omni-channel-distribution-retail

A marked change in the approach to omnichannel

As retailers are examining (and reexamining) their omnichannel strategies in the wake of new technologies and industry trends, one thing is for sure, the technologies such as mobile and tablets that are supporting omnichannel initiatives are not going anywhere.

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In an interview with MediaPost Mark Larson, KPMG’s global head of retail notes that brick-and-mortar retailers are not fearing this new wave of technology, rather they are embracing it.

From the article:

Q: When it comes to tech, how are retailers changing most?

A: As more retailers recognize that omnichannel shopping presents a transformational opportunity, we think those that own physical stores are now viewing these stores as assets, not liabilities. And they are taking greater advantage of technology in the in-store environment. We’re seeing retail brands come up with more ways customers can use smartphones in the store, and also arming associates with more technology, so they can better help customers.

Q: Apple and Sears have long gotten a lot of attention for this. And this year, Macy’s practically gave smartphones a speaking role in their holiday ads, as if to say, “We’re cool! We know people like to shop by phone!” Is that a good idea?

A: I think so. First, it’s defensive. You demonstrate that you understand tech and can compete with the pure-play online retailers. But it also is very much an offensive strategy. It demonstrates to customers that they don’t have to go online to get digital convenience, that it can be integrated into the in-store experience, too.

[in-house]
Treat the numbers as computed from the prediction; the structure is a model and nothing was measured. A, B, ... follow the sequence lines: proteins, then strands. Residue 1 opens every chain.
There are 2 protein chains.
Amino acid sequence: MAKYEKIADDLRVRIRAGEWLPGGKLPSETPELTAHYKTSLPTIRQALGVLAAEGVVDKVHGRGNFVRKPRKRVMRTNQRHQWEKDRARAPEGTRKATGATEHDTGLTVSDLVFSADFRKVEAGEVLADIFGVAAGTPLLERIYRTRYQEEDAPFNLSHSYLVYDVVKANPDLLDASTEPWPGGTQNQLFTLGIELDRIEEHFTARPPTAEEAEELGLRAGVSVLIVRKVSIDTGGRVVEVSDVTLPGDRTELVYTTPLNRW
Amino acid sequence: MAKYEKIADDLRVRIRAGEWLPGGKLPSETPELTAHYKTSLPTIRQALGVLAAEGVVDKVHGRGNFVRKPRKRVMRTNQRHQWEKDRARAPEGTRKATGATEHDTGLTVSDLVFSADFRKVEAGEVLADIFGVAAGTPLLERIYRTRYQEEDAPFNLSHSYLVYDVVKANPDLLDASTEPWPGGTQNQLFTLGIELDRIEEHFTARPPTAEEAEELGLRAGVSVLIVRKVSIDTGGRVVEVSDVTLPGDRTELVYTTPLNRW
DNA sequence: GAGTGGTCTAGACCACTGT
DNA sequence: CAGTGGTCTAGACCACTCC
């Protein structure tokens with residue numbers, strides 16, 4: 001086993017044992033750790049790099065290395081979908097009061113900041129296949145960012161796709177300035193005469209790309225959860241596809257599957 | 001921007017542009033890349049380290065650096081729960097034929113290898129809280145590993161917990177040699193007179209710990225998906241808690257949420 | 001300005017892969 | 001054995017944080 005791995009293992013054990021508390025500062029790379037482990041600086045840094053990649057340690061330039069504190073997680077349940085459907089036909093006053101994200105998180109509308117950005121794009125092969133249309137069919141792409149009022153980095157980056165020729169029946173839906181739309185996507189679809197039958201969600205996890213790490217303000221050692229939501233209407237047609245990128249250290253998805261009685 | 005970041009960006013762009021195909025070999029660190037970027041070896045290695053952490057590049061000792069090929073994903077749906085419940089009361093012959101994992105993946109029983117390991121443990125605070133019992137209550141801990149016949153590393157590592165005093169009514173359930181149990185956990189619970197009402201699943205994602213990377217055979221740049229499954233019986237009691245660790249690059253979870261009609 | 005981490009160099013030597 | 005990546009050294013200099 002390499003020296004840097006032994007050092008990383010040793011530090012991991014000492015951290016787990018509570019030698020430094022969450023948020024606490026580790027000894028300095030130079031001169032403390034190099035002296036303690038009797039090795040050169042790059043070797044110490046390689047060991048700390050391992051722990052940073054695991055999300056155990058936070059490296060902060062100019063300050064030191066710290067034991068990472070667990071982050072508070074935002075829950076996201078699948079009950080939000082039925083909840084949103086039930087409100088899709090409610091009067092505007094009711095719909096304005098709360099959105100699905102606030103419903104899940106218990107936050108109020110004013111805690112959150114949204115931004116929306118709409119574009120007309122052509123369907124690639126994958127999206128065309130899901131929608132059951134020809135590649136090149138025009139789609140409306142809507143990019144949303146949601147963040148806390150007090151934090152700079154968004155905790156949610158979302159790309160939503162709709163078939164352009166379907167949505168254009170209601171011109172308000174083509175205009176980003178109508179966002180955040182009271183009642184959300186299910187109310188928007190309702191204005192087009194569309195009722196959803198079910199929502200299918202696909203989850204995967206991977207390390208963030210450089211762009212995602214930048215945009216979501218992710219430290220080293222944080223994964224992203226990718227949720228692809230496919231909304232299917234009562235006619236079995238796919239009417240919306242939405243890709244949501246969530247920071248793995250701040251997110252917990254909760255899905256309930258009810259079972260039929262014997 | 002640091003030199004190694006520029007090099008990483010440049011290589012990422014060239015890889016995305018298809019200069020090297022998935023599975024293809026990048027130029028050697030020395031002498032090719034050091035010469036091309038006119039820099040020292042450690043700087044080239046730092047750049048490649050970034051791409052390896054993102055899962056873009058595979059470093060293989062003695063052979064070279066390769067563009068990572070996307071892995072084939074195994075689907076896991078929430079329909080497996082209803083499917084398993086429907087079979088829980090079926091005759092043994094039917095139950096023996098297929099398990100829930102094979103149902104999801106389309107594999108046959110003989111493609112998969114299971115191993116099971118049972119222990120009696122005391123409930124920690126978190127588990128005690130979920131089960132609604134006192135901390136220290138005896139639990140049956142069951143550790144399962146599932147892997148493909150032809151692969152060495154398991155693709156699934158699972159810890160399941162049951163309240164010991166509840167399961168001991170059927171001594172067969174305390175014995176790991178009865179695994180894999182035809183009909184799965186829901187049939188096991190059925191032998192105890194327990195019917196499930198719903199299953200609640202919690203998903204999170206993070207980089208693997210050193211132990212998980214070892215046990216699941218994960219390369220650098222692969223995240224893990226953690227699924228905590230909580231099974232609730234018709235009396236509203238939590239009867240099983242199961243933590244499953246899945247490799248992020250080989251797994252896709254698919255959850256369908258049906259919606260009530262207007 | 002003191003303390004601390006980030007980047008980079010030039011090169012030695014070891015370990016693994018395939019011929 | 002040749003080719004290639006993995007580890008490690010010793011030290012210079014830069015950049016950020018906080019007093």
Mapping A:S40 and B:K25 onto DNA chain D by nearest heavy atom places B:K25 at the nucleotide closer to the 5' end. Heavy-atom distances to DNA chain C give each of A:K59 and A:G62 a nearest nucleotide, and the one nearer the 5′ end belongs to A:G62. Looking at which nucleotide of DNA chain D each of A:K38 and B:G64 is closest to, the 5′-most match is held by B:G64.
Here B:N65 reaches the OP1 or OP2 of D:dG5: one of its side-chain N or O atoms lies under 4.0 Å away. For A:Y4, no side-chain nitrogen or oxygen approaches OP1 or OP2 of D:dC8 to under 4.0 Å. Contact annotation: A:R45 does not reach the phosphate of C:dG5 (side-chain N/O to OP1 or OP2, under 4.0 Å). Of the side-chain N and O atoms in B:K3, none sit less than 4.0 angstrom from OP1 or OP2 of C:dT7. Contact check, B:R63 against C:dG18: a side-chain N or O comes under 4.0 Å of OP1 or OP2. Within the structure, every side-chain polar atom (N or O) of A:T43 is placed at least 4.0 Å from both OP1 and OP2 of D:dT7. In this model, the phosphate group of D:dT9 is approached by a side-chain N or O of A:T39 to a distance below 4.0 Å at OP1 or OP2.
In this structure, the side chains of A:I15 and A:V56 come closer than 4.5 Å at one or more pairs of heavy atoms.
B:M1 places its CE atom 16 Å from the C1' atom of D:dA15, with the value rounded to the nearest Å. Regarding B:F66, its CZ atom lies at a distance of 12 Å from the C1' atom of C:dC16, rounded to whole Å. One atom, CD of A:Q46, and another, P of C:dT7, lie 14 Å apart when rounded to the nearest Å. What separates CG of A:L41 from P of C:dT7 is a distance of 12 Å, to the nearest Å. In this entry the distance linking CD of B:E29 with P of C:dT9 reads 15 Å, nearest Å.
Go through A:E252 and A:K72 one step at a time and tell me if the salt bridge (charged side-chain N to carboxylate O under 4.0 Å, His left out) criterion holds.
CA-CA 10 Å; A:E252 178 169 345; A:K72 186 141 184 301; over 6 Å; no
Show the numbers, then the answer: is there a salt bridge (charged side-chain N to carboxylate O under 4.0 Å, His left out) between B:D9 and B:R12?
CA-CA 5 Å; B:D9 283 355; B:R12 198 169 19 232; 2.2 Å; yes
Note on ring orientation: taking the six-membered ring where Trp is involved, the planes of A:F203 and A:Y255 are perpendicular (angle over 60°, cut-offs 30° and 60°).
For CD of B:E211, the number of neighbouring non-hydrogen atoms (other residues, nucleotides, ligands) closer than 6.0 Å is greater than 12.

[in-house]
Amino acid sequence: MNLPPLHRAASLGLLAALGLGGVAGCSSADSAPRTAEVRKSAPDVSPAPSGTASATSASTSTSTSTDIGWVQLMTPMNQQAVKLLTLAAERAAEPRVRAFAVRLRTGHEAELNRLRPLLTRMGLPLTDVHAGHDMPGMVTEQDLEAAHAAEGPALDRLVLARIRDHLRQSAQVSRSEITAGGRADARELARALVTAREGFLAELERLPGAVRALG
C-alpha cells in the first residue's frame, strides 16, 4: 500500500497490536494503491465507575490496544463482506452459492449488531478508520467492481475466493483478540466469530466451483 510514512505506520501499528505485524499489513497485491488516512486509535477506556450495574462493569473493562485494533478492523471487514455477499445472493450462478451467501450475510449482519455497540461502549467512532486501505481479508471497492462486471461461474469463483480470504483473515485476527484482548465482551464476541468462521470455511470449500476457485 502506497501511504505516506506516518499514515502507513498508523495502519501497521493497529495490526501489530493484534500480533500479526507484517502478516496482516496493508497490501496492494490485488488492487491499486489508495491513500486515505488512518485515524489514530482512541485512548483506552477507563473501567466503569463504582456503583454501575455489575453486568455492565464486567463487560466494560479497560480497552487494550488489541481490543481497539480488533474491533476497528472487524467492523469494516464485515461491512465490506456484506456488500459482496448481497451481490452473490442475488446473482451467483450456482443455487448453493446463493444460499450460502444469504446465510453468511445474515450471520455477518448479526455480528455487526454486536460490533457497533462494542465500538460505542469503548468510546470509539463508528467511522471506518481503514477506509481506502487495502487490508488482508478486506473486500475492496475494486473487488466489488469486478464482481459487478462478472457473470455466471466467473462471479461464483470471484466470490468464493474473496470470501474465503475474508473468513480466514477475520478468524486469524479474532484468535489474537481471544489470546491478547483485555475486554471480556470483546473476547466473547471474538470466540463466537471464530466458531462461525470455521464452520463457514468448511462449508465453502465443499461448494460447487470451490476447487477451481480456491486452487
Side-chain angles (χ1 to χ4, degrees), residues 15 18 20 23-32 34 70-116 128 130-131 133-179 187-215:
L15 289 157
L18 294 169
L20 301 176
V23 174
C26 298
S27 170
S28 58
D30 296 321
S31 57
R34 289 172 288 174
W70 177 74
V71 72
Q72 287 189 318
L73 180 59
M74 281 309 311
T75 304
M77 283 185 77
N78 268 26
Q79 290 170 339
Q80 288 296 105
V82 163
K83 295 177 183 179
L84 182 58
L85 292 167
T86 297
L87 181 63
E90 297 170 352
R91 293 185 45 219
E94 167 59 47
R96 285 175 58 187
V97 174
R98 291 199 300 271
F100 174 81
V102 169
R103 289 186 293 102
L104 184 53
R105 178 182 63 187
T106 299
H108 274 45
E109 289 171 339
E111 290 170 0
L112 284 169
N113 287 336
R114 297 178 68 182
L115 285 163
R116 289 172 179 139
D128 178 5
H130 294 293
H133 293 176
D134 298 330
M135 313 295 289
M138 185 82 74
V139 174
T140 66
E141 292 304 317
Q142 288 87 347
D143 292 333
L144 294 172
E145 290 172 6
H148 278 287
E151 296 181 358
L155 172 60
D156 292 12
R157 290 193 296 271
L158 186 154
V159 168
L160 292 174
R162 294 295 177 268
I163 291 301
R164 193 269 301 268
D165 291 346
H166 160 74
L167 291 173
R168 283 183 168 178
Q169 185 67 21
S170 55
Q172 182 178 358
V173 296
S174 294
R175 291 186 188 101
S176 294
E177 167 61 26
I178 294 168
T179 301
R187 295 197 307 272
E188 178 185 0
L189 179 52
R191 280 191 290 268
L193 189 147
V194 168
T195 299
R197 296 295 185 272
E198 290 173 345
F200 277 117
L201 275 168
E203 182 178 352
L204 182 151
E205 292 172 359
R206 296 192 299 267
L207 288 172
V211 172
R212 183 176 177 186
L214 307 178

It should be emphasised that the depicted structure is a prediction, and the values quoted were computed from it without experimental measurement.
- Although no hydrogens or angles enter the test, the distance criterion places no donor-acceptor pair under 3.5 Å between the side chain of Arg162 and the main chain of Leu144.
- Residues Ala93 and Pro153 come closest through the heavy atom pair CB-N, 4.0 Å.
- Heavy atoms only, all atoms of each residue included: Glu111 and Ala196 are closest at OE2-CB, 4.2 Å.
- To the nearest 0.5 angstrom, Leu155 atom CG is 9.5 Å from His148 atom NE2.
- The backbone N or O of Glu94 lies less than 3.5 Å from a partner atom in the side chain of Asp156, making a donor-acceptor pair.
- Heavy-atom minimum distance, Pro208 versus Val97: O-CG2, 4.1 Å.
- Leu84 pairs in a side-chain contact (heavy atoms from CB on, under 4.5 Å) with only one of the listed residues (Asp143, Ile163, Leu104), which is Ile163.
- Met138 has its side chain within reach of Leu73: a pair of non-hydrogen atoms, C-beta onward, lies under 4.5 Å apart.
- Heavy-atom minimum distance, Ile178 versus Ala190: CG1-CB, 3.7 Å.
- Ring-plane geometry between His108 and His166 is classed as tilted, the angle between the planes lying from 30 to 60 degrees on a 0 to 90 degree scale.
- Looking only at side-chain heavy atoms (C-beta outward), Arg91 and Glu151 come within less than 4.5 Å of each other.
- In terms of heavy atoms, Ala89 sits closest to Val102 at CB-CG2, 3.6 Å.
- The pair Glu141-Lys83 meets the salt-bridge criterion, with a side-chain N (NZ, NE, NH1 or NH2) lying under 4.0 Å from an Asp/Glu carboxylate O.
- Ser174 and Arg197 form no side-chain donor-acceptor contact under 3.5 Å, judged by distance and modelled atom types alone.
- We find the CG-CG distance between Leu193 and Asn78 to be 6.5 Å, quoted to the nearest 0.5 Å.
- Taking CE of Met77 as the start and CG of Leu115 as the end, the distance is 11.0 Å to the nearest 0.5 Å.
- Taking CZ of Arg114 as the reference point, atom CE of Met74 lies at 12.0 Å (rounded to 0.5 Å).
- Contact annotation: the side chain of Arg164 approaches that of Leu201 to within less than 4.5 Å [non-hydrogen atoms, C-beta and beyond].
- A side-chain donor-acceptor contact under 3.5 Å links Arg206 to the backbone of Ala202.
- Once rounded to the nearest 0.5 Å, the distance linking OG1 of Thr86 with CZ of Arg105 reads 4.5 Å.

Q: What do you think will be the biggest change, going forward?

A: An increase in omnichannel behavior, with retailers using mobile more as an enabler. We’ll see more of people buying online, and picking up in-store; and buying in-store, and having it delivered to their home.

Q: What are the risks of increasing the use of mobile in stores?

A: Obviously, information security and privacy, but those can be mitigated. I think a big risk is finding the appropriate match of tech with your brand and your style of merchandise. That needs to be carefully thought out. And then there is always the people risk—you need to make sure associates are trained and understand the technology, so that they can create a good experience for customers.